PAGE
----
Optical Sensors

Lockheed Martin to Deliver World Record-Setting 60kW Laser to U.S. Army

March 17, 2017


BOTHELL, WA -- Lockheed Martin has completed the design, development and demonstration of a 60 kW-class beam combined fiber laser for the U.S. Army. In testing earlier this month, the Lockheed Martin laser produced a single beam of 58 kW, representing a world record for a laser of this type. The Lockheed Martin team met all contractual deliverables for the laser system and is preparing to ship it to the US Army Space and Missile Defense Command/Army Forces Strategic Command in Huntsville, Ala.

Lockheed Martin's laser is a beam combined fiber laser, meaning it brings together individual lasers, generated through fiber optics, to generate a single, intense laser beam. This allows for a scalable laser system that can be made more powerful by adding more fiber laser subunits. The laser is based on a design developed under the Department of Defense's Robust Electric Laser Initiative Program, and further developed through investments by Lockheed Martin and the U.S. Army into a 60kW-class system.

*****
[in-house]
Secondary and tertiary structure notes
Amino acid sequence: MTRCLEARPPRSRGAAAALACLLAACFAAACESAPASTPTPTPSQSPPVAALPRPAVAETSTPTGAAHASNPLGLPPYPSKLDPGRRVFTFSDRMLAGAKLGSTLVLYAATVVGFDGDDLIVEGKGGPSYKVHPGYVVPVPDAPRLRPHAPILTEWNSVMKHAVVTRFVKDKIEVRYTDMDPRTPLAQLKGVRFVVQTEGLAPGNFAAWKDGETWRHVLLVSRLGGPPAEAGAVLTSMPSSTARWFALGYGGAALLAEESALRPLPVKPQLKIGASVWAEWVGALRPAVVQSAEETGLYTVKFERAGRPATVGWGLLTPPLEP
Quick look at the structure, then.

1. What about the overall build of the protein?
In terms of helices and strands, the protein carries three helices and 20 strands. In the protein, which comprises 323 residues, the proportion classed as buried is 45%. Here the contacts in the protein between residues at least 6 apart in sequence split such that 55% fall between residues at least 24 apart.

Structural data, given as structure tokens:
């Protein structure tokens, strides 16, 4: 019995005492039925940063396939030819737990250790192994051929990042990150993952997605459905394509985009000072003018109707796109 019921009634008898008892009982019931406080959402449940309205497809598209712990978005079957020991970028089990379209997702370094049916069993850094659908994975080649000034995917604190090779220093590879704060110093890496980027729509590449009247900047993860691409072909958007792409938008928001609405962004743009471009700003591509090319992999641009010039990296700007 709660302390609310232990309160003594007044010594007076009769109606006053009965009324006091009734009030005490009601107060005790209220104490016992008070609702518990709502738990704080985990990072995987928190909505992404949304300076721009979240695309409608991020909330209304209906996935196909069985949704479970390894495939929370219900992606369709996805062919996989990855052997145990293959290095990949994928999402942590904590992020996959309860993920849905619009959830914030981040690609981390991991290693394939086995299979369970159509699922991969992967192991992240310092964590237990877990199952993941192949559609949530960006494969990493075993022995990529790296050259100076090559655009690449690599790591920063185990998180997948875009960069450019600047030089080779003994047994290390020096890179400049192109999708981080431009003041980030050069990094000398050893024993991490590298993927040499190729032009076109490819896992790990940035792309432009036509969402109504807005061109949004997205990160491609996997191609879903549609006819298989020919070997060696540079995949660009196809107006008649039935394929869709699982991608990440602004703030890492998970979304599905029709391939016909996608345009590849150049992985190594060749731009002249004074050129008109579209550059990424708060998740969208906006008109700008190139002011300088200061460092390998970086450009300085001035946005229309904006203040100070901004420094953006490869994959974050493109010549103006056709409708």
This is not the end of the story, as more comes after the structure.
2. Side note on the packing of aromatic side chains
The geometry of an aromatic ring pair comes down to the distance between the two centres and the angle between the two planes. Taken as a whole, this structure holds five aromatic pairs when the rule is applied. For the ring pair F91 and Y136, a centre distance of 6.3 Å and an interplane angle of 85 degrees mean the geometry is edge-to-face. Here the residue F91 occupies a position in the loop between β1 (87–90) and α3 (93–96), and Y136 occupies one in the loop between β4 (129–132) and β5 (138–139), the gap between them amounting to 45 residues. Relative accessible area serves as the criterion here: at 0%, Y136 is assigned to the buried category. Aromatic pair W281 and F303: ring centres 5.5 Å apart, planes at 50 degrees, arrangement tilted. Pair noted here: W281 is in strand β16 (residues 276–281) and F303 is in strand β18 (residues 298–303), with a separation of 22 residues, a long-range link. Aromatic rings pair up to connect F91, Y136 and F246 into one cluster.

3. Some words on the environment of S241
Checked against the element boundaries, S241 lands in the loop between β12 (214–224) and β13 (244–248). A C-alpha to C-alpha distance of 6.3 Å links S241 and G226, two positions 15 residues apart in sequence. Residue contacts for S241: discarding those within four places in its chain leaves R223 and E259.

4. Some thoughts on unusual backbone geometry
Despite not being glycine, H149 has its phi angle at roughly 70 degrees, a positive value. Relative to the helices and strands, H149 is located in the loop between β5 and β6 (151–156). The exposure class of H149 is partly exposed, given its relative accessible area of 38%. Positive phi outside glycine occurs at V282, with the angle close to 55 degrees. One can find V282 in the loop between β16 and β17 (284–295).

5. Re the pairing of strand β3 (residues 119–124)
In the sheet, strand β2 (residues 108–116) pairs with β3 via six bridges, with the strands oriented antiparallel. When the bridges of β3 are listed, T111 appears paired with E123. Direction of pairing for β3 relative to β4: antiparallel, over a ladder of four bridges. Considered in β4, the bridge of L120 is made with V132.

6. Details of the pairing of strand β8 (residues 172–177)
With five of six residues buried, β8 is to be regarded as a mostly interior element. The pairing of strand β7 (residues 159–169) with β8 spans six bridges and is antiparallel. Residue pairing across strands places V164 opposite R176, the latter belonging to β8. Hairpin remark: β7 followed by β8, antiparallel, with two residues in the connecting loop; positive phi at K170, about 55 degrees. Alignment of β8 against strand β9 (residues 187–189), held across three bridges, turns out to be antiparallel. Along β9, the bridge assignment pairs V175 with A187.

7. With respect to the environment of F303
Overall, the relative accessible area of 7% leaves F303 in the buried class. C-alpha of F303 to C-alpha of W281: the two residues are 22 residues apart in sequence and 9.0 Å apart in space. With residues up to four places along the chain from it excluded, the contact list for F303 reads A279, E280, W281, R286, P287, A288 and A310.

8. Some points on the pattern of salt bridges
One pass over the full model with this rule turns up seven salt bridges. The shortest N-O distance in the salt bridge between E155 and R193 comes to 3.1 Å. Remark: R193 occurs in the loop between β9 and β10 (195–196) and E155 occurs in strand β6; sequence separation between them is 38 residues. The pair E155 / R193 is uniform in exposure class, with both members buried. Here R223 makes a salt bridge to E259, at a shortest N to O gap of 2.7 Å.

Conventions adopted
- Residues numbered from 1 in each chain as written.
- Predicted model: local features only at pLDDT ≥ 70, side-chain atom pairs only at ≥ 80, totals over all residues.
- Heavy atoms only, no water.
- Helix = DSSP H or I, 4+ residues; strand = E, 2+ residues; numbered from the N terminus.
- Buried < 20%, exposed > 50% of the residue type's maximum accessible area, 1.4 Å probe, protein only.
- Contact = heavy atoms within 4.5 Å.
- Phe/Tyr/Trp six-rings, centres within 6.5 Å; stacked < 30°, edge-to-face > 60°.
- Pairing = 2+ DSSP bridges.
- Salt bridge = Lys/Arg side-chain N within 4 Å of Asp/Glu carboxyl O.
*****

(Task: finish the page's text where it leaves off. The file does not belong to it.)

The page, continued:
According to Afzal, the Lockheed Martin team created a laser beam that was near "diffraction-limited," meaning it was close to the physical limits for focusing energy toward a single, small spot. The laser system also proved to be highly efficient in testing, capable of translating more than 43 percent of the electricity that powered it directly into the actual laser beam it emitted.

Laser weapons provide a complement to traditional kinetic weapons in the battlefield. In the future, they will offer reliable protection against threats such as swarms of drones or large numbers of rockets and mortars. In 2015, the company used a 30kW fiber laser weapon, known as ATHENA, to disable a truck from a mile away.

Lockheed Martin has pioneered laser weapon systems for more than 40 years, making advances in precision pointing and control, line-of-sight stabilization and adaptive optics – essential functions in harnessing and directing the power of a laser beam – and in fiber laser devices using spectral beam combining. Lockheed Martin intends to develop a family of laser weapon systems capable of various power levels tailored to address missions across sea, air and ground platforms.

For additional information, visit http://www.lockheedmartin.com/directedenergy
 


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